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Wrist News

de Quervain's Remains a Puzzle

Stenosing tenosynovitis, or narrowing and inflammation of first extensor compartment of the wrist is called de Quervain's disease. This happens when the sheath of the tendons on the thumb side of your wrist are inflamed or swollen. The disorder affects more men than women, particularly in women who are pregnant or breast feeding. No-one knows what causes de Quervain's. The authors of this article reviewed the epidemiology to see who is more likely to develop the syndrome.

Researchers went through the Defense medical Epidemiology Database, which collects and stores information on military personnel throughout the country. The researchers broke down the categories to race, gender, military service, rank, and age. They found 11,332 causes of de Quervain's in the records. Interestingly, the sex of the person was significant - In under 20s, women did have a higher rate of the disorder than men, at a rage of 2.8 cases per 1000 person years while men only had a rate of 0.6. The next highest at-risk age was the 40 years and older group. They had a rate of 2.0 per 1000 person years compared with the under 20s who had a rate of 0.6.

Race played a role as well. Being non-white was a higher risk factor than being white. Blacks had a rate of 1.31 per 1000 person years, others at 1.03, and whites had a rate of 0.82.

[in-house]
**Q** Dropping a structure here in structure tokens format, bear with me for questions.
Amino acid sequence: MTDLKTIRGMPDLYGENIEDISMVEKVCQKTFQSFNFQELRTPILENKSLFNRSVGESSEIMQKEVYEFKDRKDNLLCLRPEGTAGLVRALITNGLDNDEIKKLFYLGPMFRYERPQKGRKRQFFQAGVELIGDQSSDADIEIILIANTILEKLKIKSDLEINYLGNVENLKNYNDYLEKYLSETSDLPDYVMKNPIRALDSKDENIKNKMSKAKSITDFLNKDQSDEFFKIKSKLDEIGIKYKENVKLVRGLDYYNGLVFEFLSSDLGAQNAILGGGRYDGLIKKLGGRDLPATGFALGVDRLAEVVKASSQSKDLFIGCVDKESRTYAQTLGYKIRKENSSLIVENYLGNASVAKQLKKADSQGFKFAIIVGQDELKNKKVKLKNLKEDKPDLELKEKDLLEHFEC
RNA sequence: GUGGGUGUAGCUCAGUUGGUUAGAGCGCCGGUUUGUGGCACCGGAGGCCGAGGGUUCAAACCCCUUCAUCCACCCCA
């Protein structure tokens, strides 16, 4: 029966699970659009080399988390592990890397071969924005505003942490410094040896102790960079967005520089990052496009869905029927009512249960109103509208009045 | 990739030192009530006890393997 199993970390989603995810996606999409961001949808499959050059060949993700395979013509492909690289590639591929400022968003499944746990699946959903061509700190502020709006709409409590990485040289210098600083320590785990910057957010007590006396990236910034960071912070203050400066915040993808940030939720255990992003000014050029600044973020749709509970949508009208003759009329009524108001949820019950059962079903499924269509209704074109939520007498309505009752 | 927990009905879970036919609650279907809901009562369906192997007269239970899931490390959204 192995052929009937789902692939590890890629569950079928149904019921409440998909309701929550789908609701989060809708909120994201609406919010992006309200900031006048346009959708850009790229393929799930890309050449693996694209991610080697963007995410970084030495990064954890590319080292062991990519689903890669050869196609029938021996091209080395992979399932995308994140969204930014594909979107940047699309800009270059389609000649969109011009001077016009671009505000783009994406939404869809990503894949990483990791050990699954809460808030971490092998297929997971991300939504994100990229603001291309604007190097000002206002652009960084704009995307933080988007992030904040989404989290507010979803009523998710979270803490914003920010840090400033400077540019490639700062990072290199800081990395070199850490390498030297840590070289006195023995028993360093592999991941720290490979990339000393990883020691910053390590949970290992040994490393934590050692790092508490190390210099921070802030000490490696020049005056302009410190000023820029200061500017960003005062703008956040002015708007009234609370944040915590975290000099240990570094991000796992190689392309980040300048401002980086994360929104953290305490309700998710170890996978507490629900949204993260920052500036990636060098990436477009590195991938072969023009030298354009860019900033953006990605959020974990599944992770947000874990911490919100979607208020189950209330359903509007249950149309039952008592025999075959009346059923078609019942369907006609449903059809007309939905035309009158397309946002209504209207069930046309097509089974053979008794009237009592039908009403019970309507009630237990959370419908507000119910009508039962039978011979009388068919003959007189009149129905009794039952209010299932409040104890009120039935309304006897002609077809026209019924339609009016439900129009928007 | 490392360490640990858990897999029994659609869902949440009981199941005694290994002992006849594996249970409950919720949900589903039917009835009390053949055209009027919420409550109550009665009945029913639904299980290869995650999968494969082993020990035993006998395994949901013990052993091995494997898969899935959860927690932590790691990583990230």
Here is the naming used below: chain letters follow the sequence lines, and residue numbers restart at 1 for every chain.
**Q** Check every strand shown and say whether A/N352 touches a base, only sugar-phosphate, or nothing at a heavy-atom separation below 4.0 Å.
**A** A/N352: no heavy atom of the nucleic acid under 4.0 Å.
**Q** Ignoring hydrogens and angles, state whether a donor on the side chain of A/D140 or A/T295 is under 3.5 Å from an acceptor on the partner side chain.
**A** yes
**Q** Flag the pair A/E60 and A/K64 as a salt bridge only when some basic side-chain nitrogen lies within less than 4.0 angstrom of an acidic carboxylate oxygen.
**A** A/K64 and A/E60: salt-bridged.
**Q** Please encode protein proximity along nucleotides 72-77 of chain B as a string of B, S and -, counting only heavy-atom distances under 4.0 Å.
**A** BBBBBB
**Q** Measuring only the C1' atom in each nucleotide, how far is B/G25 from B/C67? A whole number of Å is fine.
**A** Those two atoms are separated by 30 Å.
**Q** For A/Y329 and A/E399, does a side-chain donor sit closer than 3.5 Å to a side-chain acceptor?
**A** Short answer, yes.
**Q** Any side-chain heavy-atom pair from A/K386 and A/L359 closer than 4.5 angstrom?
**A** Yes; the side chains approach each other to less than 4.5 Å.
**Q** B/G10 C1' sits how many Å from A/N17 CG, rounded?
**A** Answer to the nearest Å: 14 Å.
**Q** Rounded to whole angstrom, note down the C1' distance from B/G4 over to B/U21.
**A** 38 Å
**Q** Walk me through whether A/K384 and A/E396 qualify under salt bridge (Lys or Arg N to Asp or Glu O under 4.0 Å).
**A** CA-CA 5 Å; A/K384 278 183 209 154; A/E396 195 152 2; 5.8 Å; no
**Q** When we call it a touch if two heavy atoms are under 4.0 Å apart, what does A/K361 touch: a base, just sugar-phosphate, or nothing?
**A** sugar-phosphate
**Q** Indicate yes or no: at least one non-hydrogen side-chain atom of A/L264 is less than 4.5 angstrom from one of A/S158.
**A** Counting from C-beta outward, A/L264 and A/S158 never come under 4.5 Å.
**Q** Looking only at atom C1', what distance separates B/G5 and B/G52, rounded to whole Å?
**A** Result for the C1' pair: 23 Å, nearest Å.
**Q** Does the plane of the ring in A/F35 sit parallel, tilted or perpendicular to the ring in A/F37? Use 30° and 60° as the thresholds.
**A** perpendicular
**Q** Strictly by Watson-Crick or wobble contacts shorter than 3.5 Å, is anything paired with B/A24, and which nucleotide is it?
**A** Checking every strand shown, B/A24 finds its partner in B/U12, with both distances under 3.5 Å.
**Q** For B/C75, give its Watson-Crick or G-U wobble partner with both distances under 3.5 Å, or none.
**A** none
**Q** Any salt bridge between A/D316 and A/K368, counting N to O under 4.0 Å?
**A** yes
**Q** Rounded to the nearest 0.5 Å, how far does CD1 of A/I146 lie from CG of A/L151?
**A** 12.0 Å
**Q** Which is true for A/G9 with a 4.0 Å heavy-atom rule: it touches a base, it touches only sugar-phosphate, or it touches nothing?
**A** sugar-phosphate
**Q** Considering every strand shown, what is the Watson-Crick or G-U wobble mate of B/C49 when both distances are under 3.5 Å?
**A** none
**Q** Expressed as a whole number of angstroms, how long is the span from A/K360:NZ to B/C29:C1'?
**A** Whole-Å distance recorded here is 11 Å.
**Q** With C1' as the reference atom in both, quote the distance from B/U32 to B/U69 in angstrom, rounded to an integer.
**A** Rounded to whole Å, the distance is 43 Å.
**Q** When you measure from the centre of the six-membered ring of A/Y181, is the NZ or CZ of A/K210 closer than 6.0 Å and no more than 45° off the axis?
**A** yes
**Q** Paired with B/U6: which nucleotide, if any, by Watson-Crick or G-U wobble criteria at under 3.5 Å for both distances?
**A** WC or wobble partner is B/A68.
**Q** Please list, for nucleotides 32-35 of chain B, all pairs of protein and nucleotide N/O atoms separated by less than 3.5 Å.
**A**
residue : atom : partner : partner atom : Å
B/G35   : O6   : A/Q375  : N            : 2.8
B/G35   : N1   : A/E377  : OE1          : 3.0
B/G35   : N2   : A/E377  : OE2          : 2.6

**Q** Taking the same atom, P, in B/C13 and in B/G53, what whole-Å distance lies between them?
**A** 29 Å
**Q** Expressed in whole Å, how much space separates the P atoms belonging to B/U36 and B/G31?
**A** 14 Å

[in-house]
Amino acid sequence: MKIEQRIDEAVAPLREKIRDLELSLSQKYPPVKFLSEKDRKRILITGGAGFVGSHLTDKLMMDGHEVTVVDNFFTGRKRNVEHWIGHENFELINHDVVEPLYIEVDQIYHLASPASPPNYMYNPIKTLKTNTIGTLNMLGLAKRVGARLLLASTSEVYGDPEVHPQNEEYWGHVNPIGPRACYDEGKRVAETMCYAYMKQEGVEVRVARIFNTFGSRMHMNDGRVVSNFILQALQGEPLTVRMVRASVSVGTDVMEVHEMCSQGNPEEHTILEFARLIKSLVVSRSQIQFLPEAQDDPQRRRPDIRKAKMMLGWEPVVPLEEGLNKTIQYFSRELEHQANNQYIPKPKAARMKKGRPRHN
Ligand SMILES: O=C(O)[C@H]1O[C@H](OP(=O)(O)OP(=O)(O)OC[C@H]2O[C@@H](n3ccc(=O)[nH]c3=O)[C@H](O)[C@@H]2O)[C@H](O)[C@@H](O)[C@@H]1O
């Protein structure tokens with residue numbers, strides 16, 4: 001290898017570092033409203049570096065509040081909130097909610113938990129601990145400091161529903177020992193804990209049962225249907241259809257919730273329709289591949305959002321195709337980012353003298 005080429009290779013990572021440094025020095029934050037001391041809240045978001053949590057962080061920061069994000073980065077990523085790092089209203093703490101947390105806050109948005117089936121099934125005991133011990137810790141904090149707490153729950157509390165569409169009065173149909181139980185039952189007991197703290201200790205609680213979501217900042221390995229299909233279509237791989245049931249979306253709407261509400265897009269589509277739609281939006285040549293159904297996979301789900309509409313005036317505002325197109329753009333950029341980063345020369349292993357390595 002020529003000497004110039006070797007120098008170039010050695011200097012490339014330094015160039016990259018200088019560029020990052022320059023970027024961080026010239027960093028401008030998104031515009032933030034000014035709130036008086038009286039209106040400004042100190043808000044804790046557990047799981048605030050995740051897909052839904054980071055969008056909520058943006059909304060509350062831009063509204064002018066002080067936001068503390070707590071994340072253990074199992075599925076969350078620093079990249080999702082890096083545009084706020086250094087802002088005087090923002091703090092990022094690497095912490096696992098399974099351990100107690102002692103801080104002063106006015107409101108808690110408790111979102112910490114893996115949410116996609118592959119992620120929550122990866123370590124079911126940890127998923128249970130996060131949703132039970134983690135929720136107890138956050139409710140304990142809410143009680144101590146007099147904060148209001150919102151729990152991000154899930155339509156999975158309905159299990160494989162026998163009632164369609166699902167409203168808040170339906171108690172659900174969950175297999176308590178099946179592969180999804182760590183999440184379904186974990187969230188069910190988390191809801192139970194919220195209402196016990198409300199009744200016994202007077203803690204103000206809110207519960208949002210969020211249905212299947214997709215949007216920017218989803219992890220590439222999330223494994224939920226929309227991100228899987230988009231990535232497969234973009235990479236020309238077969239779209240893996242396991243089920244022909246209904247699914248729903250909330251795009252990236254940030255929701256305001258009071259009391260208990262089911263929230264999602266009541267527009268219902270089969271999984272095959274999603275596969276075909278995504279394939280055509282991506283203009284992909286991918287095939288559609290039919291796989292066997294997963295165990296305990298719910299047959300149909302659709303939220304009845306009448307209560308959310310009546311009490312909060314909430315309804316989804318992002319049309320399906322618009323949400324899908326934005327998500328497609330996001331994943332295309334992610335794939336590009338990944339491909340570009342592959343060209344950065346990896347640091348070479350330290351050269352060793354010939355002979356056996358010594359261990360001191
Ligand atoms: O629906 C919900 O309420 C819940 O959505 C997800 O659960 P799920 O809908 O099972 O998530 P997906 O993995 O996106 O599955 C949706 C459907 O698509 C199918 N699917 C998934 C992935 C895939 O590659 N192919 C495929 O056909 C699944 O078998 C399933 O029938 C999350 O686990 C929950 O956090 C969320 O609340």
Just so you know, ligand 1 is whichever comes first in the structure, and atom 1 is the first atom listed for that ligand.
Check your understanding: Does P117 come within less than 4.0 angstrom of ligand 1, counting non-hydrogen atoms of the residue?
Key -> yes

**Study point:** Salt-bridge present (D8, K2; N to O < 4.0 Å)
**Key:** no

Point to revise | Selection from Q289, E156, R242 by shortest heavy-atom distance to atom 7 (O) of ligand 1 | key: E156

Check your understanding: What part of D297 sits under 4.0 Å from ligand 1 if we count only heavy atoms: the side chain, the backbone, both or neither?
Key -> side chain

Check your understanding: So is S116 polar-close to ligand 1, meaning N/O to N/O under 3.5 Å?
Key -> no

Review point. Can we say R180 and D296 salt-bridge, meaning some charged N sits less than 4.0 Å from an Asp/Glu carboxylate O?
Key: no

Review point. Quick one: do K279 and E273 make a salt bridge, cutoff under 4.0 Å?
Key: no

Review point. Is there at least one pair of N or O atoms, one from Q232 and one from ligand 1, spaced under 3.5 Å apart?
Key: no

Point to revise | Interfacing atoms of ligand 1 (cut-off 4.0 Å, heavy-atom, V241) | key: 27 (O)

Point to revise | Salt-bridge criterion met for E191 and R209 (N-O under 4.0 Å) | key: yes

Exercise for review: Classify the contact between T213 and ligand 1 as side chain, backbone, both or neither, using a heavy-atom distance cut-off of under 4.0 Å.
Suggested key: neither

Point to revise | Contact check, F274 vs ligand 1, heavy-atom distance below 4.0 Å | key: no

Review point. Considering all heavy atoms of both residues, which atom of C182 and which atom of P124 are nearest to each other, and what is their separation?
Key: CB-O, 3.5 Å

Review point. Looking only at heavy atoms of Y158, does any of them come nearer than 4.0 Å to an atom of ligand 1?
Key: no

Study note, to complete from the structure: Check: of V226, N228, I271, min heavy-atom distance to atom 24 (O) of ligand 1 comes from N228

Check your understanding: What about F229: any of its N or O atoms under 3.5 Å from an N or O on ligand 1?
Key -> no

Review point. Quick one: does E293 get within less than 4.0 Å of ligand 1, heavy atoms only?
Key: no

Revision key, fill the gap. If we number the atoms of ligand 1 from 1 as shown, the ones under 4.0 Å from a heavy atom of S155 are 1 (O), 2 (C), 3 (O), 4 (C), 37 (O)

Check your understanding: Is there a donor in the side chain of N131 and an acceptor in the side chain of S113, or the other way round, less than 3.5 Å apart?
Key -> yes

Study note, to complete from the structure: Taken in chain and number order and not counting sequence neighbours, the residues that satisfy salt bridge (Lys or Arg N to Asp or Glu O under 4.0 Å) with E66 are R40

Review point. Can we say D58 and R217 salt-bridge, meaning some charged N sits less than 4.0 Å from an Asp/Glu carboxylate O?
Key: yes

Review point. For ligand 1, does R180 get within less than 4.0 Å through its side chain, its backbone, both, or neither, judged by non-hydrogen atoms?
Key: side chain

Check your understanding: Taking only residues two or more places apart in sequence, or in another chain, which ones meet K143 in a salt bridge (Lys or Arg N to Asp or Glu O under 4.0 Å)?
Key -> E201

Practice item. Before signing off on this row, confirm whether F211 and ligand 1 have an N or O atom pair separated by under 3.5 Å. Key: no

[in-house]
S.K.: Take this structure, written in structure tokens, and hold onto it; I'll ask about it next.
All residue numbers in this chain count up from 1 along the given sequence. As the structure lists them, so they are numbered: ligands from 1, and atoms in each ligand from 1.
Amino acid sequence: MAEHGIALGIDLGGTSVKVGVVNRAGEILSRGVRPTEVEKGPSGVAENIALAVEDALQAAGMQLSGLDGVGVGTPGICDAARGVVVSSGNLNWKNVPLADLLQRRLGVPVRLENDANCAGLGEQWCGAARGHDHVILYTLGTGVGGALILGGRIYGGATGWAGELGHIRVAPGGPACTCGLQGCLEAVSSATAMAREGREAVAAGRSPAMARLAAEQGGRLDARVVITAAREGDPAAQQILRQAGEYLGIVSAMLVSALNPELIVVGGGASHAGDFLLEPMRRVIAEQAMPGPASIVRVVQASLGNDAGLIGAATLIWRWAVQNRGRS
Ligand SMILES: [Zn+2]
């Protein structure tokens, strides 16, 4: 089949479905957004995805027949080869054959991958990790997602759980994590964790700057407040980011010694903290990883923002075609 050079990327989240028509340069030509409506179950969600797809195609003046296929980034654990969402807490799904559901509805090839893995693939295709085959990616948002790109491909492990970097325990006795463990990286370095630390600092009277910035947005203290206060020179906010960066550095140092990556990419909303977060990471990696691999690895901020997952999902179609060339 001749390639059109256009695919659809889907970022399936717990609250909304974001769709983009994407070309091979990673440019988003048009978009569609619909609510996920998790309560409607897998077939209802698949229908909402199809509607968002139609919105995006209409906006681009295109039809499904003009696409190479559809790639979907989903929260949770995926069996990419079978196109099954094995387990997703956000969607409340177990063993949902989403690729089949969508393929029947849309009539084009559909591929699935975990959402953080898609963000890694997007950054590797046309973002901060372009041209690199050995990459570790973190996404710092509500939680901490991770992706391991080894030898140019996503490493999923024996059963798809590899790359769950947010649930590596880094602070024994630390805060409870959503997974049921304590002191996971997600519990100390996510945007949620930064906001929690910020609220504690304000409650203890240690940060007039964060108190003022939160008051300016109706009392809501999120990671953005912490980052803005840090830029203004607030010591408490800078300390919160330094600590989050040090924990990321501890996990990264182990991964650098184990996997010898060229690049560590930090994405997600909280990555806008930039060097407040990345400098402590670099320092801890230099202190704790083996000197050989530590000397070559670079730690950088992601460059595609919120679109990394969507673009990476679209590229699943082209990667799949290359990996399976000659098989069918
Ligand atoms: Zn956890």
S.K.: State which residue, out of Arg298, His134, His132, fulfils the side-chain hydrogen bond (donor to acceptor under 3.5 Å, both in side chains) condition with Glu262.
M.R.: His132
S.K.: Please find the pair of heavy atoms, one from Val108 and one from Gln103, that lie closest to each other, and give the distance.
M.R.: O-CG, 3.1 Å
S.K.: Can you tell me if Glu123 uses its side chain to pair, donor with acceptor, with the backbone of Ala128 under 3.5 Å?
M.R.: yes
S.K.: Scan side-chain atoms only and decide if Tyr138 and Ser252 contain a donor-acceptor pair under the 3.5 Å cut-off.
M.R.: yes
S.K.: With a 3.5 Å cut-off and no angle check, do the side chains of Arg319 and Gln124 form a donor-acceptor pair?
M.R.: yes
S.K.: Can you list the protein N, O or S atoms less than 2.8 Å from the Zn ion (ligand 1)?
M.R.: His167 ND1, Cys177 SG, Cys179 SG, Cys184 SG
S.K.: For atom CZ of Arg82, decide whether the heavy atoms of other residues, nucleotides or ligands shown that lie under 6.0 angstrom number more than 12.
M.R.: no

The authors wrote that the disorder seems to be the same world-wide. In France, the ration was three women to every man who had de Quervain's.

There were some limitations to the study, the authors noted. Using military personnel for a health study is limiting due to their unique, usually healthy, situation, as well as sex differences, age, and activity levels. That being said, the records made for an excellent study group.


Jennifer Moriatis Wolf, MD, Rodney X. Sturdivant, PhD, and Brett D. Owens, MD. Incidence of de Quervain's Tenosynovitis in a Young, Active Population. In Journal of Hand Surgery. January 2009. Vol. 34A. Pp. 112 to 115.

01/29/2009

*Disclaimer:* The information contained herein is compiled from a variety of sources. It may not be complete or timely. It does not cover all diseases, physical conditions, ailments or treatments. The information should NOT be used in place of visit with your healthcare provider, nor should you disregard the advice of your health care provider because of any information you read in this topic.
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